At the European level, efforts are being made to impose stricter labour and social standards in free trade agreements (FTA) of the EU and to impose sanctions in case of violations:
- The European Commission has submitted a non-paper open for discussion. It presents two options for a reform of the sustainability chapter in FTA – one with and one without sanctions. The option without sanctions would be a minor extension of the status quo. The option with sanctions broadly draws on the FTA approach of the USA and Canada, which only allows sanctions if violations of labour and social standards negatively affect bilateral trade.
- Members of the European Parliament, on the other hand, put forward a proposal for a „Model Labour Chapter" for future FTA. This proposal would go far beyond the existing practice. In particular, it stipulates minimum wages and maximum working hours. Moreover, it foresees sanctions, which would be much more likely to be implemented than in the FTA approach of the USA and Canada.
With these proposals, the advocates of an extended sustainability package aim to make globalisation fairer and the EU a "force for a fairer global order," as the EU Commission itself strives for in its reflection paper "Harnessing Globalisation". A major objective is to improve the living conditions of workers in developing countries by giving them access to better social protection – coming in some respects much closer to the EU level. However, the introduction in FTA of higher cost-relevant labour and social standards underpinned by sanctions may run counter to the key objective.
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Risk of adverse effects
Advocates of such a strategy overlook the fact that low wages and higher working hours in developing countries testify to lower productivity compared to industrialised countries. The workers in developing countries are relatively less skilled and are equipped with less capital and older technologies compared to employees in developed countries. As a result, they produce and earn less per working hour.
If considerably higher labour and social standards were established in EU free trade agreements in order to come significantly closer to EU standards, the comparative wage-cost advantage of developing countries would be endangered. If wages were increased by much more than labour productivity allows, unit labour costs would rise significantly. Companies that rely on the export of labour-intensive products from developing countries to the EU would come under cost pressure. They may even be forced to close or relocate their production. In this case, many of their employees would lose their jobs in the export sector, where working conditions are generally better than in the domestic economy or the informal sector. This risk affects domestic companies in developing countries much more than subsidiaries of multinational companies, which usually provide their workers with better machines and innovative technologies. Overall, strictly enforcing much higher cost-relevant standards could harm the workers who are actually meant to be protected.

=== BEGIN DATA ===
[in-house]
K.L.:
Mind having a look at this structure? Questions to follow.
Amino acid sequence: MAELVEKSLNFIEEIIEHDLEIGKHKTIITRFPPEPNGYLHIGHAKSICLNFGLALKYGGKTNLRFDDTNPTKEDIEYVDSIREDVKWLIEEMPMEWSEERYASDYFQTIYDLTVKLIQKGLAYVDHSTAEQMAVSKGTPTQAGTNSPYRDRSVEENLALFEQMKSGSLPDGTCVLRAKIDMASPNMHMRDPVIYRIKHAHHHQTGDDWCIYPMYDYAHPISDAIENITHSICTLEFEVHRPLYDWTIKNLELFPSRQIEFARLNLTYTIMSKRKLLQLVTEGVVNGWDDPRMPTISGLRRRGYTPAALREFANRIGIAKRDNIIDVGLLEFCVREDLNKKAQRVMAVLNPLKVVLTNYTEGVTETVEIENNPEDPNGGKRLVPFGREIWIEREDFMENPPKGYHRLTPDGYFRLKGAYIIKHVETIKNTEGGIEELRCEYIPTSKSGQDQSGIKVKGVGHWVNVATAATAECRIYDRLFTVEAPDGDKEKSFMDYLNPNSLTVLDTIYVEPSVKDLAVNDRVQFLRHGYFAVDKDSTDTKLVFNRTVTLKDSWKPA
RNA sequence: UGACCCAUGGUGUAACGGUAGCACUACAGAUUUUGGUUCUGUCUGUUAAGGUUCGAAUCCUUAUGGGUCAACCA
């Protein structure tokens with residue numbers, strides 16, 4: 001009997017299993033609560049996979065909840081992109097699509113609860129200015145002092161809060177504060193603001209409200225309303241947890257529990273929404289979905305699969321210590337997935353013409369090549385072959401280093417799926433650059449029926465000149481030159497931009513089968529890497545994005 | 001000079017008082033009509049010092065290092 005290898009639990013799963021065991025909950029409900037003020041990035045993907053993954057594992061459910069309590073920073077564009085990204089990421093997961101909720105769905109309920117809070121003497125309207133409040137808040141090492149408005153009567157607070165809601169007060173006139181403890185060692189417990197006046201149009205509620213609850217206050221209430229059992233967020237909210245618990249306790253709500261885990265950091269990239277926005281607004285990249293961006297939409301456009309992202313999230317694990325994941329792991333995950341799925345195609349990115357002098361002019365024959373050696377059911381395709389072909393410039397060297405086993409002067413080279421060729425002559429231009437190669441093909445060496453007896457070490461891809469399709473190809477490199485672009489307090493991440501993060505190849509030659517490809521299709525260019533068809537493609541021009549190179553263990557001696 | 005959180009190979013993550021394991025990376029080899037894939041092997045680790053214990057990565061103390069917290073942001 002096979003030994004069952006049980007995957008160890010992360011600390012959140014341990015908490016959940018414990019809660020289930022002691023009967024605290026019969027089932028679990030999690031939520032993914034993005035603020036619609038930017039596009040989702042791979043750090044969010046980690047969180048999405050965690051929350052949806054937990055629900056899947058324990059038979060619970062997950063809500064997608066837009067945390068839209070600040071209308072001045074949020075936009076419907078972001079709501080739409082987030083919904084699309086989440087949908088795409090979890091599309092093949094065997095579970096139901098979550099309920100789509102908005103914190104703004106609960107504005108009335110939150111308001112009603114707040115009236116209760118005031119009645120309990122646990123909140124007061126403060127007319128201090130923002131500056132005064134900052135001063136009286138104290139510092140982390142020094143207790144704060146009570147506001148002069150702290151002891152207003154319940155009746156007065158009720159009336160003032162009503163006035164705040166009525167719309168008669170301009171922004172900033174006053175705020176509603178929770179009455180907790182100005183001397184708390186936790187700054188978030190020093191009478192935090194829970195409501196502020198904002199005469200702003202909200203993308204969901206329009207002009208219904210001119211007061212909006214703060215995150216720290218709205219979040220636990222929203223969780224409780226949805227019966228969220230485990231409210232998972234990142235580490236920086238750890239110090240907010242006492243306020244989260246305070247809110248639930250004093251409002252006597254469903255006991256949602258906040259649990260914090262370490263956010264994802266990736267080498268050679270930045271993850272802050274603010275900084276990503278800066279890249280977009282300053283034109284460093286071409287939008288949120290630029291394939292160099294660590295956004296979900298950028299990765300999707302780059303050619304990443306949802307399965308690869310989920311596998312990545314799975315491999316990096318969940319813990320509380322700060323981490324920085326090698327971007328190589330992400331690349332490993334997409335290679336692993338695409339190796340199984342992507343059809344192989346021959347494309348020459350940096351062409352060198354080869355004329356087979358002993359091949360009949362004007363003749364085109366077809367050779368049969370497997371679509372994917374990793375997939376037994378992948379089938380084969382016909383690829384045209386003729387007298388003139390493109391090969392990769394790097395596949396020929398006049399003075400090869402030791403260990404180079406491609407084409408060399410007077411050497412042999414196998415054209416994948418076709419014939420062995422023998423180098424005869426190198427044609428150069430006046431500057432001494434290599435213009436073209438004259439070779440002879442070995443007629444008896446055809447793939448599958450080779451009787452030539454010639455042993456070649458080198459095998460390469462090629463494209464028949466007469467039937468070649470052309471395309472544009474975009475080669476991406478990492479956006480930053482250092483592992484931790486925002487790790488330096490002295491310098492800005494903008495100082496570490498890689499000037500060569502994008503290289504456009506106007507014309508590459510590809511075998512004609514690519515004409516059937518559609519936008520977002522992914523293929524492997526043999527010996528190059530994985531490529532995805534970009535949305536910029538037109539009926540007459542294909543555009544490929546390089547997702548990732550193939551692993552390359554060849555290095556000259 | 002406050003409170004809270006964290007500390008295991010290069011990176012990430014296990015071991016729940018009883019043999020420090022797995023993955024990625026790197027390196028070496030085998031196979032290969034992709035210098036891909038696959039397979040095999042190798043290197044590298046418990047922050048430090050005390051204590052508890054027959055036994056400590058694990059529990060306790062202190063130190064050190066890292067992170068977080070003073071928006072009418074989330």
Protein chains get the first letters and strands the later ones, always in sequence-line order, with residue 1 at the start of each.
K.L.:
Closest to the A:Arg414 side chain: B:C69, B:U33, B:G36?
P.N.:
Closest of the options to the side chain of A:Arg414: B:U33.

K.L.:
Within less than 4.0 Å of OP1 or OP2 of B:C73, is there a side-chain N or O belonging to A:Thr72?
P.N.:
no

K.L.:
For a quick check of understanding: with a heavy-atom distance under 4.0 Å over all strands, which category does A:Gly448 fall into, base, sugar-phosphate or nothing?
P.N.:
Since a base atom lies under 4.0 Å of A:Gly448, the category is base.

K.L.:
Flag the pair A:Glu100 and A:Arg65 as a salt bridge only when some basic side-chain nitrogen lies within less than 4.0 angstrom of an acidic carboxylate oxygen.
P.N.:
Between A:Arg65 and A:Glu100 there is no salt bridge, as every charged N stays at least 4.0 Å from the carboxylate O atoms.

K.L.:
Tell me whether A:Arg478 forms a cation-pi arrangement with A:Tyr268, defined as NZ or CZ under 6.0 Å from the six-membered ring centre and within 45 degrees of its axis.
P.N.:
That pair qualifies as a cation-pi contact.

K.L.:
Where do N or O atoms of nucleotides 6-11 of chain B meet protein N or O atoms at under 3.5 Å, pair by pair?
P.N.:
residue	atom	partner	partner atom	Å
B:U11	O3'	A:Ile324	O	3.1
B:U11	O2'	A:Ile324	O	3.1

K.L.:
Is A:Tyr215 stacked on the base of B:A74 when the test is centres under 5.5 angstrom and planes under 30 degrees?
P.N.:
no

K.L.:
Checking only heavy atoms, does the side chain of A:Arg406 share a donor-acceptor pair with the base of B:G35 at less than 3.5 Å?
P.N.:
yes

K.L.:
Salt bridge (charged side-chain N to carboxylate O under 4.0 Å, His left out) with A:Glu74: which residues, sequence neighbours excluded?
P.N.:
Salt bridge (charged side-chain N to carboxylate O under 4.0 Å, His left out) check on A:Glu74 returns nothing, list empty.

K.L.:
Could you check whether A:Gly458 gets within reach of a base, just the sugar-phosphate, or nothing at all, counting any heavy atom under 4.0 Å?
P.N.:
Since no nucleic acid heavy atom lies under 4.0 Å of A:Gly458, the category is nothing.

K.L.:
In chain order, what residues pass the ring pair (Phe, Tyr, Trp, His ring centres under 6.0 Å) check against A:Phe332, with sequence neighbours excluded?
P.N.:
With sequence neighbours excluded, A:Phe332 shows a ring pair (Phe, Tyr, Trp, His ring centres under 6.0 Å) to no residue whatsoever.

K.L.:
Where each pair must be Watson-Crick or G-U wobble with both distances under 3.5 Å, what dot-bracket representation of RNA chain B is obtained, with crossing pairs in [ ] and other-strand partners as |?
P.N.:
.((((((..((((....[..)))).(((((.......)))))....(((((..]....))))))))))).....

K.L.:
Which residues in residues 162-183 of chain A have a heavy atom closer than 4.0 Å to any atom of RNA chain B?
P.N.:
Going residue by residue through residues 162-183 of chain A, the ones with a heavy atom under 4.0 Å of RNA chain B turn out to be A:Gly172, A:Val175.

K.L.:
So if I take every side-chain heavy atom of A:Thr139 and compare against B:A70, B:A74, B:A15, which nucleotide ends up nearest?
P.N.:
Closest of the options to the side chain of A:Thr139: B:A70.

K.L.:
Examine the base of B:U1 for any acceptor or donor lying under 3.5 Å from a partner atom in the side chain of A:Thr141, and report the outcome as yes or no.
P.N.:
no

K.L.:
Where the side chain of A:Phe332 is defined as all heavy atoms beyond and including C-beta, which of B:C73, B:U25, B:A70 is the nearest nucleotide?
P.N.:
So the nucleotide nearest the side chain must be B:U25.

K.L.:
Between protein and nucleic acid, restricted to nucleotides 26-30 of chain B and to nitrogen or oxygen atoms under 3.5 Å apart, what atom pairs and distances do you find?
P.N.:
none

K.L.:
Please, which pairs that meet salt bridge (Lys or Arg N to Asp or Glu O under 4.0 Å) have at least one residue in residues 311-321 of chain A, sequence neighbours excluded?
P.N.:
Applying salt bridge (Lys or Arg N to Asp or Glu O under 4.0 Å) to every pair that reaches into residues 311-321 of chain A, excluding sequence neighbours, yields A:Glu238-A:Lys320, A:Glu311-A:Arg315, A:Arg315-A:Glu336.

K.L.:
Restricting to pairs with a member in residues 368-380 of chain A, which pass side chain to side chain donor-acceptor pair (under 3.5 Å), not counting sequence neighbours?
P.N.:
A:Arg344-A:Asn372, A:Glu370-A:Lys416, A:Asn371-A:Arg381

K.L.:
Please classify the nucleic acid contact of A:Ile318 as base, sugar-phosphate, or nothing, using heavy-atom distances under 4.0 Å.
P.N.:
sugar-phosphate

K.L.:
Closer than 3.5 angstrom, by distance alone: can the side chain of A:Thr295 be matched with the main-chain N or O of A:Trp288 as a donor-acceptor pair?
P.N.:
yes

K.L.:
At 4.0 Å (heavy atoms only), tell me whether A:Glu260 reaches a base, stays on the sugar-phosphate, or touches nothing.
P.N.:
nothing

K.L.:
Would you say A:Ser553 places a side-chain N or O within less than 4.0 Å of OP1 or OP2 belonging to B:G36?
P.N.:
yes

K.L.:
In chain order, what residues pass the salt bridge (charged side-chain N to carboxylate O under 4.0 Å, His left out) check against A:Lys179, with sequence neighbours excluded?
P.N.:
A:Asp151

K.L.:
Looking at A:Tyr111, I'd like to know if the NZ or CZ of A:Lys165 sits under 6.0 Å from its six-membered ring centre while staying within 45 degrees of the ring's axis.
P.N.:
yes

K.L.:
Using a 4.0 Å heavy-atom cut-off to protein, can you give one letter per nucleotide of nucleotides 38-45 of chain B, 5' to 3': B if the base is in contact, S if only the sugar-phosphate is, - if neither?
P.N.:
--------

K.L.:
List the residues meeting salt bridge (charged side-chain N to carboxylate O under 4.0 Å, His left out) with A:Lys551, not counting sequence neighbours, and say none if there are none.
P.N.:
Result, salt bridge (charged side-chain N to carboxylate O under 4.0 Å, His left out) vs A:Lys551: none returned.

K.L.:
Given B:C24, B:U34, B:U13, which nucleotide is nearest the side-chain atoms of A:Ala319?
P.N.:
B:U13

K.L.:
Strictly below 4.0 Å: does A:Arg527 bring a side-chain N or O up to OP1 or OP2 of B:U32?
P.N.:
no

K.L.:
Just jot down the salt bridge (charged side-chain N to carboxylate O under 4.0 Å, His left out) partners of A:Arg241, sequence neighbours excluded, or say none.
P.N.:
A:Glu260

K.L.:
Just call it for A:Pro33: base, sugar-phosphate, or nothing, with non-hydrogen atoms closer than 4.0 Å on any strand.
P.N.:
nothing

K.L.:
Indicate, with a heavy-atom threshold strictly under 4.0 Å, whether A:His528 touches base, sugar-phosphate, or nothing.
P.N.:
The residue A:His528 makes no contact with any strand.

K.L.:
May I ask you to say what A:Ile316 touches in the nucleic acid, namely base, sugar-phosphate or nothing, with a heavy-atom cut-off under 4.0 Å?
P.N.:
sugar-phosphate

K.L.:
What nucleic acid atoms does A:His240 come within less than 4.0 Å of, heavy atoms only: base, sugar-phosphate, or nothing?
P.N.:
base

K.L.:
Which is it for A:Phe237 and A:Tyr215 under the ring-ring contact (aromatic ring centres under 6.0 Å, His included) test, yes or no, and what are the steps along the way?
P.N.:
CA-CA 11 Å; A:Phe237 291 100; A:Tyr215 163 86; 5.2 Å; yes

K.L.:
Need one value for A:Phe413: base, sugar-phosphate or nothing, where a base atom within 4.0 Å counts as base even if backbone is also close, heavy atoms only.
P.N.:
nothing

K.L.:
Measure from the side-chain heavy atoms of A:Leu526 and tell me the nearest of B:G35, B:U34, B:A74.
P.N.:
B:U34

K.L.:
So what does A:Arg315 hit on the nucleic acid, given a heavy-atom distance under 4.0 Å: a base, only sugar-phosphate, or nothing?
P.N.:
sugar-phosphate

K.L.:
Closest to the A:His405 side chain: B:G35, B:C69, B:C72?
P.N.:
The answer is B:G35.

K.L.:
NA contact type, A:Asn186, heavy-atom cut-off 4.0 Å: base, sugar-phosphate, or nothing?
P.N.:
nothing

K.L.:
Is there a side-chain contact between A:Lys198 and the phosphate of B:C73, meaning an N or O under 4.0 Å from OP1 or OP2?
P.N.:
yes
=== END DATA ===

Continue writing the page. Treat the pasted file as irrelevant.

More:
Protectionism under the guise of social justice
On closer examination, the proposals could even prove to be a protectionist strategy under the guise of social justice, because developing countries could be pushed out of the market. Overly high cost-relevant labour and social standards would act as trade barriers that protect industrialised countries from competition by developing countries. Workers in developing countries are set against workers in industrialised countries.
Even if only a moderate increase of labour and social standards is demanded at the outset, there is still the risk that lobbying pressures in industrialised countries would lead to a faster rise of these standards than domestic firms in the developing countries can afford.
Resistance of developing countries and impeding future FTA
It is therefore not surprising that developing countries are often opposed to labour and social standards that industrialised economies impose on them by way of trade agreements. They not only fear protectionist measures, but also argue that their right to regulate (which the EU has rightly claimed with vehemence in the course of TTIP) is impaired by such reinforced FTA.
The discussed proposals would thus make it harder for the EU to negotiate FTA with developing countries. It is foreseeable that the original objective of FTA – the reduction of trade barriers, which leads to better market access and welfare gains on both sides – would be adversely affected.
Basic core labour standards of the ILO appropriate
To be clear, demands for basic work and social norms are fully appropriate. In this respect, the International Labour Organization (ILO) plays an important role. In the course of time, it has set up important so-called core labour standards that include fundamental rights and prohibitions. This concerns the protection against forced labour and child labour, the prohibition of discrimination, the freedom of association and collective bargaining. Also, measures to protect against health hazards in the workplace are reasonable.
In contrast to ambitious targets for minimum wages or maximum working hours, the core labour standards have little effects on labour costs. Concerns of developing countries about hidden protectionism are much less prevalent in this case. It is thus not surprising that a large number of developing countries have also ratified these core labour standards of the ILO. In the summer of 2017, over 170 of the 187 ILO member states have ratified the eight core labour standards on average (figure).